Monday, December 10, 2007
Mitt Romney's pursuit of the Republican presidential nomination has followed a time-tested route with an unorthodox twist.
His path reprises that of others who began their campaigns overshadowed by better-known opponents. The strategy is built on the belief that winning begets winning and that early victories produce inevitable, even unstoppable, momentum.
What is unusual about Romney's White House quest is that he is neither true dark horse nor formidable front-runner. He is neither the candidate poised to spring a surprise in Iowa or New Hampshire, nor the candidate judged by his fellow Republicans nationally as the top choice for the nomination -- or even the second or third.
He has become burdened by a front-runner's expectations without many of the traditional assets. Losses in any of the early states could significantly set back his hopes of winning -- and that is what he faces in Iowa from a surging Mike Huckabee, a former governor of Arkansas.
Romney's candidacy is unusual for another well-publicized reason: He seeks to become the nation's first Mormon president. He has struggled to deal with the fact that many Americans are skeptical about his church and therefore are hesitant to make him their president, and after months of debate, he addressed the issue directly last Thursday with a speech in Texas.
Some Republican strategists consider Romney's campaign to be the most effective and skilled of any of the candidates. The man who built a fortune as a management consultant and venture capitalist and who turned around the scandal-ridden 2002 Winter Olympics has applied those skills to put himself into the thick of a race against better-known opponents such as Sen. John McCain of Arizona and former New York mayor Rudolph Giuliani.
Romney's wake-up call to the rest of the party began Jan. 8, when he staged a national fundraising telethon in Boston that collected more than $6 million in pledges -- a stunning accomplishment for someone who had served but one term as governor and had ended the previous year with a 5 percent approval rating in national polls.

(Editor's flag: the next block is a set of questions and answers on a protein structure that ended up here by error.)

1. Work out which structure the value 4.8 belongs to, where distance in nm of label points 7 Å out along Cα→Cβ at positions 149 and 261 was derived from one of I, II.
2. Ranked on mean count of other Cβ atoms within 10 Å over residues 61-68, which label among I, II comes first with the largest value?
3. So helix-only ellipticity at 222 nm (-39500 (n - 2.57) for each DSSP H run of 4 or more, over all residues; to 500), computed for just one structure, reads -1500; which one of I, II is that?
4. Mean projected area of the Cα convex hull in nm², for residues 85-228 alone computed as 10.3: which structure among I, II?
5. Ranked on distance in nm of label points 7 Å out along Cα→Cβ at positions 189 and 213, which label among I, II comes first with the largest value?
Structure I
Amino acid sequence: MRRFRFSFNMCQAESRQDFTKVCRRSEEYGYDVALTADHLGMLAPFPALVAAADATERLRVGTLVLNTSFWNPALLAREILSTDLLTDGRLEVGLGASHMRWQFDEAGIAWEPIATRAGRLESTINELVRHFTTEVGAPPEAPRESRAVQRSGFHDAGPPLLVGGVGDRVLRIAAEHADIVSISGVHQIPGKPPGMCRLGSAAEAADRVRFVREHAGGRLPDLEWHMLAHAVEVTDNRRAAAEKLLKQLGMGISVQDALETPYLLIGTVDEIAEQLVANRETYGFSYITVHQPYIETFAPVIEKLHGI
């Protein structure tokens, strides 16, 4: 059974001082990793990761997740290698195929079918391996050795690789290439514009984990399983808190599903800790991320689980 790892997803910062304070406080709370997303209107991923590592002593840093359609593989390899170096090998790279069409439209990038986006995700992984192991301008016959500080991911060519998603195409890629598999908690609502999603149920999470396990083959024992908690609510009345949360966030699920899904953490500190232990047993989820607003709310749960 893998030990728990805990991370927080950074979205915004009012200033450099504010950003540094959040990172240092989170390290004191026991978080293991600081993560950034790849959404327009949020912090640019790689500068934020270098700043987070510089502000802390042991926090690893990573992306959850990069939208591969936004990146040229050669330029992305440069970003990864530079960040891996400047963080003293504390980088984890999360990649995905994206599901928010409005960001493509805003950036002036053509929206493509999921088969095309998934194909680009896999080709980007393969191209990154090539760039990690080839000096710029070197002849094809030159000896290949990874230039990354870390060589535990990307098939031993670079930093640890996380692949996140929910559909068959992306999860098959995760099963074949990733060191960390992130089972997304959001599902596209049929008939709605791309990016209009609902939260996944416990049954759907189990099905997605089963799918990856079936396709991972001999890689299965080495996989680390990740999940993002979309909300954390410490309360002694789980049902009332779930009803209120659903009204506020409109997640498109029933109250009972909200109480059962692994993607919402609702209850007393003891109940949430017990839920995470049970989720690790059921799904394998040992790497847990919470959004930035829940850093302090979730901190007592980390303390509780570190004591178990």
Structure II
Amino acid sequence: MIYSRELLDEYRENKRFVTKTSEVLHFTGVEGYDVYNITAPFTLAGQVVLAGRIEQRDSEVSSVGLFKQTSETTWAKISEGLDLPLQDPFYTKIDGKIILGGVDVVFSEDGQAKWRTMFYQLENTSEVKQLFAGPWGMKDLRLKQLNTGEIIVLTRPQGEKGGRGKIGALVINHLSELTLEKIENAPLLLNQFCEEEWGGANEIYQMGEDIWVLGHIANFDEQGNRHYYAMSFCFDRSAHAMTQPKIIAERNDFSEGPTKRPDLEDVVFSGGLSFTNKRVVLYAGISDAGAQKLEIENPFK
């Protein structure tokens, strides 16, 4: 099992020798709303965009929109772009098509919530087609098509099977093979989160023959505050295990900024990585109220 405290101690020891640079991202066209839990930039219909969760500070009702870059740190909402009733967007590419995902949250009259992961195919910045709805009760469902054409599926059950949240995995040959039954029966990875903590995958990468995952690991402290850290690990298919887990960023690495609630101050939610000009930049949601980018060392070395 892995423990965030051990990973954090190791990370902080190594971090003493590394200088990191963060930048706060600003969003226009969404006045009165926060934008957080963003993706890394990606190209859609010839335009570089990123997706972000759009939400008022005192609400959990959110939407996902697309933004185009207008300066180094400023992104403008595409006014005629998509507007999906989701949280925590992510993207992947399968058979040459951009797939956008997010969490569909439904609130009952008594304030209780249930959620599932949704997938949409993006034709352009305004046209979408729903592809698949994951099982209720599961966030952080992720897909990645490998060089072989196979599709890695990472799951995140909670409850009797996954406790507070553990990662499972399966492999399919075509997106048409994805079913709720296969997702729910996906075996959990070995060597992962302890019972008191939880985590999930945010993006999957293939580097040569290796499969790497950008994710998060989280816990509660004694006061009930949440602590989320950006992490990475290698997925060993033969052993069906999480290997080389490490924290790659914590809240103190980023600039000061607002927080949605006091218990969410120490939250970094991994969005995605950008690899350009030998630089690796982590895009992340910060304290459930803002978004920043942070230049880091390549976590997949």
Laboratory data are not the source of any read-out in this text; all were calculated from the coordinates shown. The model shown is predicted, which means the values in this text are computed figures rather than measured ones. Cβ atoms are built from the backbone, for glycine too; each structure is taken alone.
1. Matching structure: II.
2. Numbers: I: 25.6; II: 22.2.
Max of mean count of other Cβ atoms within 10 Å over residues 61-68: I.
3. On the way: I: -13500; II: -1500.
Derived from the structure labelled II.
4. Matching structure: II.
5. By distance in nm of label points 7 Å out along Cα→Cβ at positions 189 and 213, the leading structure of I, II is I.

He led the GOP field in fundraising in the first quarter of the year -- and has shown since then both a capacity to continue raising money and a willingness to dig deep into his personal fortune. He stood out in the early debates -- handsome and photogenic on stage and nimble enough to impress party activists who otherwise knew little about him.
And his team took an early gamble, putting Romney ads on television in Iowa and New Hampshire last spring -- earlier than any candidate in history -- and keeping them running through the year. The costly investment paid off: By summer, he topped polls in those states and forced his better-known opponents onto the defensive.
Despite those successes, Romney's candidacy has fought head winds from the start. Beyond the issue of his Mormon faith, he has been dogged by the charge that he is a flip-flopper who ran as a pro-choice moderate when he tried to unseat Sen. Edward M. Kennedy (D-Mass.) in 1994 and then became an ardent abortion opponent in his presidential campaign.
The challenge from Huckabee in Iowa has become an unexpected obstacle to Romney's strategy. He could face equally vigorous opposition from Giuliani and McCain in New Hampshire. And when the Republican field moves South to states with a high numbers of evangelical Christians, the issue of his religion will face its ultimate test.
Having bet on doing well in the early states, he will now live or die by the results.